In 1999, Geraldine Tyler, a widow in her seventies, purchased a one-bedroom condo in northwest Minneapolis. She lived there for more than 10 years before. But after what her lawyers called a “frightening confrontation with a neighbor,” she decided to move into a senior assisted-living facility where she could feel safe.
Her new apartment was expensive, though. Geraldine fell behind on her property taxes to the tune of $2,300, and her struggle became Hennepin County’s gain. The county tacked on another $12,700 in late fees and penalties, pushing her debt to $15,000.
Minnesota law allows counties to seize properties and sell them to collect unpaid tax debt like Geraldine’s. In most states, the government keeps only the amount of the outstanding debt and returns the balance to the property owner. But in 14 states, including Minnesota, counties can keep everything. In 2015, Hennepin County seized Geraldine’s condo over her outstanding tax debt, and eventually sold the condo—valued at $93,000, according to her lawyers—for $40,000. It pocketed the extra $25,000. Geraldine was left with nothing.
In 2019, Geraldine sued. But a federal district court dismissed her case, holding that she had no property interest in her home equity because the Minnesota legislature wrote it away by crafting a “comprehensive and detailed scheme” for dealing with surplus profits from debt sales. The Eighth Circuit Court of Appeals affirmed, focusing on procedures in the Minnesota law that allow property owners to fight the sale of their home, like the option to repurchase it before the seizure becomes final. The upshot is that in states like Minnesota, so long as the government writes a sufficiently thorough law and lets you know early enough, it can seize your property, sell it, and keep the surplus—all because of a few hundred dollars of unpaid taxes.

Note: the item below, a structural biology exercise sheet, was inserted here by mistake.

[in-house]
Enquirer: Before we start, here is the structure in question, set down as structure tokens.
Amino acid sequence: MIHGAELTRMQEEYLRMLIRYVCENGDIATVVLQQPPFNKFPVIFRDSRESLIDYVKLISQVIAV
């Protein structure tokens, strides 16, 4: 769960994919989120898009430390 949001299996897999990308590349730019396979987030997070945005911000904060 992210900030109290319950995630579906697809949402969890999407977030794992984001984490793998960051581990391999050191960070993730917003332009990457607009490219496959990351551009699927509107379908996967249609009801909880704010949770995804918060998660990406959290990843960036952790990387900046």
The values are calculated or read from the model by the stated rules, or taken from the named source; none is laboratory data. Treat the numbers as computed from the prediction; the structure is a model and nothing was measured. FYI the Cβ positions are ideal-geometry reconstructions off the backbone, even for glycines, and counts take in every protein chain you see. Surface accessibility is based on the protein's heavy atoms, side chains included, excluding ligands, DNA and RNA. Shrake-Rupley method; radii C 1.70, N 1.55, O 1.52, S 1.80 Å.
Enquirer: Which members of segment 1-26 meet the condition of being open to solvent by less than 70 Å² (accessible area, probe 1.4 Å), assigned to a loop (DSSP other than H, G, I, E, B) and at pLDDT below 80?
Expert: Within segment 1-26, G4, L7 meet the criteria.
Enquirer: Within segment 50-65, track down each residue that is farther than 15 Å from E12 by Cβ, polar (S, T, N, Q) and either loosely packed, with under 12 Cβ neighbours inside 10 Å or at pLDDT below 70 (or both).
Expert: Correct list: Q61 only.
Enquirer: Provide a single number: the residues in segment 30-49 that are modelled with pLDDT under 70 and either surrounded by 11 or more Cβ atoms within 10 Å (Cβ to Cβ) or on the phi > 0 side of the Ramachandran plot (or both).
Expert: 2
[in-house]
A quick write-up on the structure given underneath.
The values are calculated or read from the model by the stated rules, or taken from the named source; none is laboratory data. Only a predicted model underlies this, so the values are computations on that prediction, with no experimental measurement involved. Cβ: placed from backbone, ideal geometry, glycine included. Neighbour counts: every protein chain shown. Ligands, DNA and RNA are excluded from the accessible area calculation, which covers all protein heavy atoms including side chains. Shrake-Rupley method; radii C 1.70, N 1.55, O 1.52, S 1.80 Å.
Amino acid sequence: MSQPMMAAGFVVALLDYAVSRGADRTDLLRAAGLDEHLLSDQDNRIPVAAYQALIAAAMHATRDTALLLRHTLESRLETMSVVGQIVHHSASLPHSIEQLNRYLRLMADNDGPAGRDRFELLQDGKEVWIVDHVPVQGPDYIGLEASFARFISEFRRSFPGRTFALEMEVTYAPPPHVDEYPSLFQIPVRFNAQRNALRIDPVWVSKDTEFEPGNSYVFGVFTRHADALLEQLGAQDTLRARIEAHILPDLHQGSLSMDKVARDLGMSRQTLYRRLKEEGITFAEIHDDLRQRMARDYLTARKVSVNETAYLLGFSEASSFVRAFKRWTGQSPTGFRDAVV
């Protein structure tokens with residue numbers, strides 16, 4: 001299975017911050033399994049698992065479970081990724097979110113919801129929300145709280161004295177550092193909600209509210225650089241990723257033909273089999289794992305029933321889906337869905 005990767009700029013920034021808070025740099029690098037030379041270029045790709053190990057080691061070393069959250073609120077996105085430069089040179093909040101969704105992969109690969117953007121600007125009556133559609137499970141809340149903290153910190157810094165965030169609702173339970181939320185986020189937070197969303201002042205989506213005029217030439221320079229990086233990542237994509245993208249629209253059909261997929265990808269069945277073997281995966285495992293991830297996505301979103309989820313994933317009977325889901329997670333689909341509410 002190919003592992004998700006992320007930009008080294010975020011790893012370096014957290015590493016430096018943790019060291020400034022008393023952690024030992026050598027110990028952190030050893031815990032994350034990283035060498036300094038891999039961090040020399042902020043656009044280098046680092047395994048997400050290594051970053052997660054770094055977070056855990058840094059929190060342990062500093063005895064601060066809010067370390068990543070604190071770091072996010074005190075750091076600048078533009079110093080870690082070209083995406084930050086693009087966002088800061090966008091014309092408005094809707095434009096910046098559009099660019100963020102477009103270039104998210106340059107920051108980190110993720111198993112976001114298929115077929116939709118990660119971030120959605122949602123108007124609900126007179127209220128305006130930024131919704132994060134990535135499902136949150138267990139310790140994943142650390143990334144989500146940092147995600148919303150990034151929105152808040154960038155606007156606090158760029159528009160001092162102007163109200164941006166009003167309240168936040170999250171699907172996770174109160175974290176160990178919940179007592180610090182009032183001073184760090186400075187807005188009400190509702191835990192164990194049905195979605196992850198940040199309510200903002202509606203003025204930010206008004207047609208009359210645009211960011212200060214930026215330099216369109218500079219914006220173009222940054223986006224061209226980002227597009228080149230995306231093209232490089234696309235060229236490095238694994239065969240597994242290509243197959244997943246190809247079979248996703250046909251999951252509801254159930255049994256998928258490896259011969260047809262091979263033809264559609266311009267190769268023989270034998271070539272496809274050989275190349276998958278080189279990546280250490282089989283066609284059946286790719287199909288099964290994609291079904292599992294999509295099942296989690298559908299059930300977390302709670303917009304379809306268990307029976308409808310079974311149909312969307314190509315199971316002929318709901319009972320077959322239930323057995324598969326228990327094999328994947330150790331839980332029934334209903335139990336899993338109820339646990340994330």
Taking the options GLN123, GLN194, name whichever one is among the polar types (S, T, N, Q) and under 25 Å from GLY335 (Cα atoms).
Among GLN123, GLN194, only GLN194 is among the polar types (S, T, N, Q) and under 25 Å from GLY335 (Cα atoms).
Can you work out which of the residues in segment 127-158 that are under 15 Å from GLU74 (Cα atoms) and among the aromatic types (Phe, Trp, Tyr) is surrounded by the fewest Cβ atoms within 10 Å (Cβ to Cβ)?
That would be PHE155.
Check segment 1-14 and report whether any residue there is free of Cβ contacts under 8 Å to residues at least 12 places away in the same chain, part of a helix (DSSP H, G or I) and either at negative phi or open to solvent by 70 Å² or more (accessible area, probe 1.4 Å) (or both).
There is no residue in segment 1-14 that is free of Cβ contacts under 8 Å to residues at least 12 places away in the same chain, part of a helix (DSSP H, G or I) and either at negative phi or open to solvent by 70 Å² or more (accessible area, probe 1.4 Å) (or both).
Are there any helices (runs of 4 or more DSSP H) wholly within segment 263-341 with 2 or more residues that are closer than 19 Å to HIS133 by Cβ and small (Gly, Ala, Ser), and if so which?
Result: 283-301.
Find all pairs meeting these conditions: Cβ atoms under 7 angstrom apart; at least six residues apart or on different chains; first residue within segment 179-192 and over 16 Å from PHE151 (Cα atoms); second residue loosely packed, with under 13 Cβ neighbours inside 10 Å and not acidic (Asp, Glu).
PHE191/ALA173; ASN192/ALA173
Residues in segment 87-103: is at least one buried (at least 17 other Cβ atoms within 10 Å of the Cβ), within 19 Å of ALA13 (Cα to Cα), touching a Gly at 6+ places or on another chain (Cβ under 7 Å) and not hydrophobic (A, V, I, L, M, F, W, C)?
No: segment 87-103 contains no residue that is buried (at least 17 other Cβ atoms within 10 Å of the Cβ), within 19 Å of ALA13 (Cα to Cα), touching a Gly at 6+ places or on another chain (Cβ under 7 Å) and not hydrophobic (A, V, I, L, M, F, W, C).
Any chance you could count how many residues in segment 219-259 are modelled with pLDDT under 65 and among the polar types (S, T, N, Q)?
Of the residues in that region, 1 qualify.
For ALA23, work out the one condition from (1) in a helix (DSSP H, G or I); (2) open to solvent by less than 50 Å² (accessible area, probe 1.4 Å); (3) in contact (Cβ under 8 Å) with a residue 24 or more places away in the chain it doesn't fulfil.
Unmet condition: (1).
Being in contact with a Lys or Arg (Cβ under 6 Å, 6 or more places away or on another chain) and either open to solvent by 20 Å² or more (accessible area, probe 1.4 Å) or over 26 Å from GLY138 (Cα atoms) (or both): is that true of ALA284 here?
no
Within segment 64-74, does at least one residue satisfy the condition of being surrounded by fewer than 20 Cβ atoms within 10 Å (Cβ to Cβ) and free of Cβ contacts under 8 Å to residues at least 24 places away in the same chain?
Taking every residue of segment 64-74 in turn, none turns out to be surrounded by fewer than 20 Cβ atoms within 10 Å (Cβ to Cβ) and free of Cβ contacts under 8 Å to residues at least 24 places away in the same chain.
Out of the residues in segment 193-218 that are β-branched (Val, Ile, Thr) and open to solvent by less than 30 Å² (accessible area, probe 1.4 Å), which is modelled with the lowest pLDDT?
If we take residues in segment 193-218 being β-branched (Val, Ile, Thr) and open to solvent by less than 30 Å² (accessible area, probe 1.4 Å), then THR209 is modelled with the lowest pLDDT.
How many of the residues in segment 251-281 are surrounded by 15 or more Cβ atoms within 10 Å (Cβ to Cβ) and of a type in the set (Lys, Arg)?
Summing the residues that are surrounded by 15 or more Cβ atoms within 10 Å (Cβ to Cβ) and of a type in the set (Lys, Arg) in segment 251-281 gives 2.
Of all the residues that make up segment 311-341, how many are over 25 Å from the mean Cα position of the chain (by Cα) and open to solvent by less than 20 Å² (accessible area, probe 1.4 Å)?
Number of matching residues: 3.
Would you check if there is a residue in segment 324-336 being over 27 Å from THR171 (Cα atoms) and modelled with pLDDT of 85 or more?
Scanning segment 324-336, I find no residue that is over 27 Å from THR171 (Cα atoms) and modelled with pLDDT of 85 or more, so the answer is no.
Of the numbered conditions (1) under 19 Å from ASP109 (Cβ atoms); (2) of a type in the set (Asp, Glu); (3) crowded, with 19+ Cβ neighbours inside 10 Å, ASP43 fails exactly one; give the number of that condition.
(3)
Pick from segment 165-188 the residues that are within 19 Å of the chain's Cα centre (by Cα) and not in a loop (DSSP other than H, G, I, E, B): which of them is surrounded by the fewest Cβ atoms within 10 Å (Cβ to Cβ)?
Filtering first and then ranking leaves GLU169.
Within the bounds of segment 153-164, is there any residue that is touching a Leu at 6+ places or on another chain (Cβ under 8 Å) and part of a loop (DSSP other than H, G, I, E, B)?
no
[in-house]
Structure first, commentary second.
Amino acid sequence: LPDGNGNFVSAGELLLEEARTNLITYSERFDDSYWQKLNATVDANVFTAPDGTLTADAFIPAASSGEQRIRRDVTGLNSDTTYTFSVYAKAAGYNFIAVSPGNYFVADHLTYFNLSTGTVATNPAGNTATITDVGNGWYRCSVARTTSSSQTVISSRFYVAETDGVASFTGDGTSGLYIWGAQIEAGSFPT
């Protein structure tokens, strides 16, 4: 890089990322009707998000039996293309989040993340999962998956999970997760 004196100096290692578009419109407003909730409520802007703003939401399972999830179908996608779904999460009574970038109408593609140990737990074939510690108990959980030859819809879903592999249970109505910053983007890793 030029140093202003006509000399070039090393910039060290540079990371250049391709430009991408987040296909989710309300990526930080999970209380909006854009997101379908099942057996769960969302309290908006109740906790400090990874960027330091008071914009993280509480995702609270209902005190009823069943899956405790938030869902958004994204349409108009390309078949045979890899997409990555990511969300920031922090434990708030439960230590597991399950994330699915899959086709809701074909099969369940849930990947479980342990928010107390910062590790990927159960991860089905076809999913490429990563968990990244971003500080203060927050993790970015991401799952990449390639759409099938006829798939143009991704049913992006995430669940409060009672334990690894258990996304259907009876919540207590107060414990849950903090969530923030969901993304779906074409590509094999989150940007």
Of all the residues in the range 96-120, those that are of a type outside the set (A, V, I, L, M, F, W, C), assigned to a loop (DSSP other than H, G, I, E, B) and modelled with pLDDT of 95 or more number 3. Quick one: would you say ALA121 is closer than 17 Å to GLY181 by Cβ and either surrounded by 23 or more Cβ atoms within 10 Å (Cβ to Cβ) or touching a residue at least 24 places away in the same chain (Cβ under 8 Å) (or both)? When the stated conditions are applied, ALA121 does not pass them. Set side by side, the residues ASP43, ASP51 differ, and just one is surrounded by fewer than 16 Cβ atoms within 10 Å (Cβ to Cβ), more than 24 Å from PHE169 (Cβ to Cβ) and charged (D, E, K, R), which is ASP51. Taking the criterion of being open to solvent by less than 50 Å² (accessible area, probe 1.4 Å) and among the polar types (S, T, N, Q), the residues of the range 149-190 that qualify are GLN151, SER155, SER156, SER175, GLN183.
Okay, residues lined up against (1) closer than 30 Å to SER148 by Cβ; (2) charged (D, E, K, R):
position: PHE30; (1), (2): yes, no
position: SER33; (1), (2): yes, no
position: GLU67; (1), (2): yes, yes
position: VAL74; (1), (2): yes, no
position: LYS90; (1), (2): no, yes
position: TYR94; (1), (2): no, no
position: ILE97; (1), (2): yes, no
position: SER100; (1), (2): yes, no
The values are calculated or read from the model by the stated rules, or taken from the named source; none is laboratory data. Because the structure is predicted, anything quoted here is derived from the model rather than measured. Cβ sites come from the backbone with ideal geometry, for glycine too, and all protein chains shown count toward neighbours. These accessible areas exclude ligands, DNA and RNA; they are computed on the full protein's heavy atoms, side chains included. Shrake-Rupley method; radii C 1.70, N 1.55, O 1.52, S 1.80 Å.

In January, the Supreme Court granted certiorari in Geraldine’s case, and will hear oral argument in April. At issue is whether Hennepin County’s decision not to return her $25,000 is an excessive fine in violation of the Eighth Amendment, or a government taking of property without just compensation in violation of the Fifth Amendment.
Geraldine is hardly the only person to be victimized by laws like Minnesota’s. According to the National Consumer Law Center, tax foreclosures can take place over homes that are worth many times the amount of unpaid tax debt. Her lawyers found that over the past decade, Minnesota homeowners whose properties the government confiscated lost over 92 percent of the value of their homes—the average sale amount was $207,000 for tax bills that averaged just $17,000. “Individually, the loss for struggling property owners can be devastating; collectively, they lose hundreds of millions of dollars in equity every year,” they wrote.
Low-income elderly people are among the most likely to fall prey to this kind of state-sanctioned stealing. According to an amicus brief submitted by the American Association of Retired Persons, elderly homeowners are particularly vulnerable because of the economic pressures they face: rising costs for taxes, insurance, utilities and repair and maintenance in the face of limited retirement income. Elderly people are also at higher risk of living with a cognitive disorder like Alzheimer’s or dementia, which makes it difficult to handle financial affairs on their own, according to the National Consumer Law Center. About a quarter of homeowners 65 and older are “cost-burdened,” which means they are paying more than 30 percent of their income for housing. Many are one financial crisis away from losing everything.
The Supreme Court has the power to protect people like Geraldine. The question is whether the justices will exercise it.